alms /ˈɑ(l)mz, ||ˈɑmz/
Alms n. sing. & pl. Anything given gratuitously to relieve the poor, as money, food, or clothing; a gift of charity.
A devout man . . . which gave much alms to the people. --Acts x. 2.
Alms are but the vehicles of prayer. --Dryden.
Tenure by free alms. See Frankalmoign.
Note: ☞ This word alms is singular in its form (almesse), and is sometimes so used; as, “asked an alms.” --Acts iii. 3. “Received an alms.” --Shak. It is now, however, commonly a collective or plural noun. It is much used in composition, as almsgiver, almsgiving, alms bag, alms chest, etc.
n : voluntary contributions to aid the poor [syn: alms-giving,
Not found in the Old Testament, but repeatedly in the New. The
Mosaic legislation (Lev. 25:35; Deut. 15:7) tended to promote a
spirit of charity, and to prevent the occurrence of destitution
among the people. Such passages as these, Ps. 41:1; 112:9; Prov.
14:31; Isa. 10:2; Amos 2:7; Jer. 5:28; Ezek. 22:29, would also
naturally foster the same benevolent spirit.
In the time of our Lord begging was common (Mark 10:46; Acts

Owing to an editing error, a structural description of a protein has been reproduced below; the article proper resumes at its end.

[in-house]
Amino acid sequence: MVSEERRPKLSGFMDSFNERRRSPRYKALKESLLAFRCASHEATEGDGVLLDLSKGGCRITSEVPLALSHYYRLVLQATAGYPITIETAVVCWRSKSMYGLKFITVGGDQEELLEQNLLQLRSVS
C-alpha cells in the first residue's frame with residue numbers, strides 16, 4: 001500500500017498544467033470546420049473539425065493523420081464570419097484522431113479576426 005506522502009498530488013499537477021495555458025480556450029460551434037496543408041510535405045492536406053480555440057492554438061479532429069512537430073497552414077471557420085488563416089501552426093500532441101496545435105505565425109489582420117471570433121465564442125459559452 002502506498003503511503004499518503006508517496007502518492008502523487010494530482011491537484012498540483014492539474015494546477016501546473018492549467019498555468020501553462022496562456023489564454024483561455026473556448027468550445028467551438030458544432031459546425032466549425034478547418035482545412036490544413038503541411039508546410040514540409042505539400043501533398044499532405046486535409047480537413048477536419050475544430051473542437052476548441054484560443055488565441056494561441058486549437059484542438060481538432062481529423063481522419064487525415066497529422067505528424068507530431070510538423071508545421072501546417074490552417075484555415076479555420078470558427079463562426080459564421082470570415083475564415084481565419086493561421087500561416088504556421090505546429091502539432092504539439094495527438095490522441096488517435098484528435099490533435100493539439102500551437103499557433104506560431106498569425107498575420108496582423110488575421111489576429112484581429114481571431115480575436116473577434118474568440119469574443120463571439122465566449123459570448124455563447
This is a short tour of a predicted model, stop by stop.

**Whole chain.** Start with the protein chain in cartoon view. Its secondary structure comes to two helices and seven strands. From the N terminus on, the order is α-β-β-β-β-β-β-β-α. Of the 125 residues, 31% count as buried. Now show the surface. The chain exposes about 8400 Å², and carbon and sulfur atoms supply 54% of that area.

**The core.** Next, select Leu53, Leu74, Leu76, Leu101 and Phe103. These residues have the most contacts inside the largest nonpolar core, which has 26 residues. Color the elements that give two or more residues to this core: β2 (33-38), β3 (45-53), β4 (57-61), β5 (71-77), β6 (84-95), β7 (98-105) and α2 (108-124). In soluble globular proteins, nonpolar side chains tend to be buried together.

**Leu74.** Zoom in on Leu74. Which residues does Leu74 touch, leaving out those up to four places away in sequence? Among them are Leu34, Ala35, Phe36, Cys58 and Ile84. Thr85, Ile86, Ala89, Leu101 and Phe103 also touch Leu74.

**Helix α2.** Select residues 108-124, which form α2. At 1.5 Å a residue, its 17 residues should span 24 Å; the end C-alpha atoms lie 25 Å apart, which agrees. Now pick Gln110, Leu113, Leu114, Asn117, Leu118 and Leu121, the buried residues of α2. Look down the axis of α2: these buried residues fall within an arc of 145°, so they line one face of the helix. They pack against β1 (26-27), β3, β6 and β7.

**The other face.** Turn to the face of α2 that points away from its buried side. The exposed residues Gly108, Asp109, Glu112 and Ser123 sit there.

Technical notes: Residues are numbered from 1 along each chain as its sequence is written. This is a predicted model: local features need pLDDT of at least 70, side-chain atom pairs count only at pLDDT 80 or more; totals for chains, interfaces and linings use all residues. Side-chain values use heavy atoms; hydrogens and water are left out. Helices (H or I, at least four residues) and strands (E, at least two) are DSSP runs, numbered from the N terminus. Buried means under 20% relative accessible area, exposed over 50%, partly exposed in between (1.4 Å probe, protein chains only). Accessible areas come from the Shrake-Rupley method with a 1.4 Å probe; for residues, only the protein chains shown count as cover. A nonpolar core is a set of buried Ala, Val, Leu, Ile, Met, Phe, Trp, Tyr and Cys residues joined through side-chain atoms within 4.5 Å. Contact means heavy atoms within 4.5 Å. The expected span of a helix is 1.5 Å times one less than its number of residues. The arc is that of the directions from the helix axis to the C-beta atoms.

3:2). The Pharisees were very ostentatious in their almsgivings
(Matt. 6:2). The spirit by which the Christian ought to be
actuated in this duty is set forth in 1 John 3:17. A regard to
the state of the poor and needy is enjoined as a Christian duty
(Luke 3:11; 6:30; Matt. 6:1; Acts 9:36; 10:2, 4), a duty which
was not neglected by the early Christians (Luke 14:13; Acts
20:35; Gal. 2:10; Rom. 15:25-27; 1 Cor. 16:1-4). They cared not
only for the poor among themselves, but contributed also to the
necessities of those at a distance (Acts 11:29; 24:17; 2 Cor.
9:12). Our Lord and his attendants showed an example also in
this (John 13:29).
In modern times the "poor-laws" have introduced an element
which modifies considerably the form in which we may discharge
this Christian duty.